In the same study, using a mouse model of breast cancer, the investigators found that an investigational drug called PLX3397 hinders the recruitment of macrophages by the cytokine colony-stimulating factor 1 (elevated levels of which have also been associated with poor outcomes in breast cancer), reducing the cancer’s spread to the lungs and increasing survival.
Dr. Coussens has a grant from Susan G. Komen for the Cure, in conjunction with Drs. Shelley Hwang and Hope Rugo from UCSF, to build on this work, including conducting a multicenter phase I/II clinical trial of women with triple-negative breast cancers that have recurred after treatment. With the trial and related studies, she hopes to validate the TAM-based immune signature and evaluate the safety and potential efficacy of PLX3397 in combination with chemotherapy.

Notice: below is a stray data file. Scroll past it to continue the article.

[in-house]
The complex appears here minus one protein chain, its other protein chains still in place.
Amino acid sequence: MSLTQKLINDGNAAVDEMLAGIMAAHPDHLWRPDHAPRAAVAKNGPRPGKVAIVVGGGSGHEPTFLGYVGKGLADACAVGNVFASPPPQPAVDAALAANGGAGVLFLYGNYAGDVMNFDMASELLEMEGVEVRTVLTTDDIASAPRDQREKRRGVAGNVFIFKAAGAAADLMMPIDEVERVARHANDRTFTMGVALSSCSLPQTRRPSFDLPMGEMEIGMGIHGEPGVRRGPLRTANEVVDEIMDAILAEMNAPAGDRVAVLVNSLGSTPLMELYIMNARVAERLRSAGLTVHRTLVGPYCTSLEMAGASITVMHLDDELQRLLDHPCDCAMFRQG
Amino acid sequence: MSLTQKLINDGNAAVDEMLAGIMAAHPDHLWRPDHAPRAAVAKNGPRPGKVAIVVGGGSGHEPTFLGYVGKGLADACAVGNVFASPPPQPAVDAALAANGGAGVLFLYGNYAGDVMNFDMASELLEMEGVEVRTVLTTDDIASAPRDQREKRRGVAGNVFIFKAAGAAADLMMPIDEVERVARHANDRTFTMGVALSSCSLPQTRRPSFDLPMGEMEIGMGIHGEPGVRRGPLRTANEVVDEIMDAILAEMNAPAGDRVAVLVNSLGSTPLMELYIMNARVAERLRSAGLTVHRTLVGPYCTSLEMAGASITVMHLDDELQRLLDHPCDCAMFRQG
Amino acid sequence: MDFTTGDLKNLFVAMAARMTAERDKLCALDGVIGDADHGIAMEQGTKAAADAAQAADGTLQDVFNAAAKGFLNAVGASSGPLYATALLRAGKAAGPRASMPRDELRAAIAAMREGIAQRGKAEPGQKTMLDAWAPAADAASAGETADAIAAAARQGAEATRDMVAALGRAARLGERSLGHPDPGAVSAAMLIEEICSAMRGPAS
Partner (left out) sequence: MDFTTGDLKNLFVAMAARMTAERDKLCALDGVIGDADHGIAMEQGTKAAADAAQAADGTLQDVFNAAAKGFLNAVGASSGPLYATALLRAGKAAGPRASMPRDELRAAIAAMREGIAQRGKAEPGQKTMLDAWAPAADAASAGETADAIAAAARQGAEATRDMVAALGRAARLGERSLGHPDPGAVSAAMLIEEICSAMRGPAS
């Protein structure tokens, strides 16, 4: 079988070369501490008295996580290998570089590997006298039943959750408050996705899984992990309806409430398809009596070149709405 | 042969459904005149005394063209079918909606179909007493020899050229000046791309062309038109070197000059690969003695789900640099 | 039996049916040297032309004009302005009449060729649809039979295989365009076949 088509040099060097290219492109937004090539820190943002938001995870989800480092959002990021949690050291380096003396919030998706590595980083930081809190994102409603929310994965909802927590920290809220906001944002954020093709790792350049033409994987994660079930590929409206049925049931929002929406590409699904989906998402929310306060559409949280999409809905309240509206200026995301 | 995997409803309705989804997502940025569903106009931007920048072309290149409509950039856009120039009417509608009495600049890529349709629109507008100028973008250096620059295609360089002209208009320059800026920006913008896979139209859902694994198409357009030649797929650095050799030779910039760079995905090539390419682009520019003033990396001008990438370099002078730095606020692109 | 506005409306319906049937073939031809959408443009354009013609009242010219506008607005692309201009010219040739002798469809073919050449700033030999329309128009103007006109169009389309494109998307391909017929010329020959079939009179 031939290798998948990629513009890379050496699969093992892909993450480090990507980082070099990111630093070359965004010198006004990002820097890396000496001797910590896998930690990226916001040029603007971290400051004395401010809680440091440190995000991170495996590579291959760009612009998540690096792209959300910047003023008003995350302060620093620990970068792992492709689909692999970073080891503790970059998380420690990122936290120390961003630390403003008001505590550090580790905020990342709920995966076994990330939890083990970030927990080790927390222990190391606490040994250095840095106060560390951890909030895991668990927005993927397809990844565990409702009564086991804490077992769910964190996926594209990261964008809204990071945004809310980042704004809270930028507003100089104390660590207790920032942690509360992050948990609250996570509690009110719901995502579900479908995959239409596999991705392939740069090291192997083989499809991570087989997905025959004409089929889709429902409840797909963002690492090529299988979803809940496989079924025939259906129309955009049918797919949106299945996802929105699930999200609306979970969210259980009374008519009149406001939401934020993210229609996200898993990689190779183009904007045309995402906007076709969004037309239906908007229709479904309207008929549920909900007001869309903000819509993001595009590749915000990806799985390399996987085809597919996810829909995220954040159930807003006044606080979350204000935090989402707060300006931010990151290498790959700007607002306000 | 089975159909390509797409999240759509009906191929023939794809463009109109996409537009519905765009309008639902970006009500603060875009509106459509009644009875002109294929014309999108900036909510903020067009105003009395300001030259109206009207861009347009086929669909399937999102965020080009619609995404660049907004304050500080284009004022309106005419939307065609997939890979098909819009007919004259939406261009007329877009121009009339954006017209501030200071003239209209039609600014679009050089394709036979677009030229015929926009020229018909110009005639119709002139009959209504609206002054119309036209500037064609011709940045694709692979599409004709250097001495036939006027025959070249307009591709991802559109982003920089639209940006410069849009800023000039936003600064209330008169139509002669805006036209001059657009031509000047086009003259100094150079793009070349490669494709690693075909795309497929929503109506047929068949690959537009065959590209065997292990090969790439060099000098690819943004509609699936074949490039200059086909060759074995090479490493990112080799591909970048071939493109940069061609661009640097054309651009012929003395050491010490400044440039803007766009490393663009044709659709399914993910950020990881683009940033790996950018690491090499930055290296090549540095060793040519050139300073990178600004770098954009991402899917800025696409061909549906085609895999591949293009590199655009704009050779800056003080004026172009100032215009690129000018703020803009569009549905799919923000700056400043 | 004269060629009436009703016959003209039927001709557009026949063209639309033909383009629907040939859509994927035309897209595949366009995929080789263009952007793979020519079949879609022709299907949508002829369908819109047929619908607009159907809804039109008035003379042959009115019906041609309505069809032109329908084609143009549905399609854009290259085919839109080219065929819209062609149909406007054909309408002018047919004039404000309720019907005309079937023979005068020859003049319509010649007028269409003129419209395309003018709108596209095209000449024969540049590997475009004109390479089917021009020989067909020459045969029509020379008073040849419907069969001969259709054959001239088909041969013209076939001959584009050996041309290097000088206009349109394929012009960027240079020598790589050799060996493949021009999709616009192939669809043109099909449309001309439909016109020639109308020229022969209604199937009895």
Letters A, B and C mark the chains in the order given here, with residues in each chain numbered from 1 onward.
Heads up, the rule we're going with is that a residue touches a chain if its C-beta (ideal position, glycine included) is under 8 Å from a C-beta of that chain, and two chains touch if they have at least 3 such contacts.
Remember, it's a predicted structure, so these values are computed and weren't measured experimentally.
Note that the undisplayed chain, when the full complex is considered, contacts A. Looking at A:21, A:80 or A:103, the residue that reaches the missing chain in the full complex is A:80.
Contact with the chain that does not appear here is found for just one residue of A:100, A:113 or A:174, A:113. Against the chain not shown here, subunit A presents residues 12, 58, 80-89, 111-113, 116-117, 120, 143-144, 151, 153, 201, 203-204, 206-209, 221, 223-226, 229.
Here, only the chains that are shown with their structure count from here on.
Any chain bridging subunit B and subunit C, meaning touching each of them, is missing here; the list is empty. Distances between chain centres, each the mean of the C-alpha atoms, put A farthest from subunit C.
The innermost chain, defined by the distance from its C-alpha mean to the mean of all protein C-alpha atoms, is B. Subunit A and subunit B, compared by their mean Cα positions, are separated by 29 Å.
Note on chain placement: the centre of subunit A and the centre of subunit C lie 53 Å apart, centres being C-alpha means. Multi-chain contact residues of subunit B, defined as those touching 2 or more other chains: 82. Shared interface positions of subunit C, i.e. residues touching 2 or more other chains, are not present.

Results from Drs. Pollard’s and Brown’s recent studies also used agents that target TAMs, showing that these agents could reduce recurrences and improve survival in mice. Human trials testing these agents may not be far off, they said.
If these therapies prove to be effective in humans, in some cases it may be because they are simply killing macrophages. In other cases, it may be because they are depleting certain macrophage populations that aid the tumor, essentially “reprogramming” the tumor microenvironment in a way that can enhance the effectiveness of other therapies and the body’s own natural defenses, Dr. Coussens said.
“It’s such new biology,” she continued. “I really think that by supporting this kind of research, we’ll be able to improve clinical responses going forward.”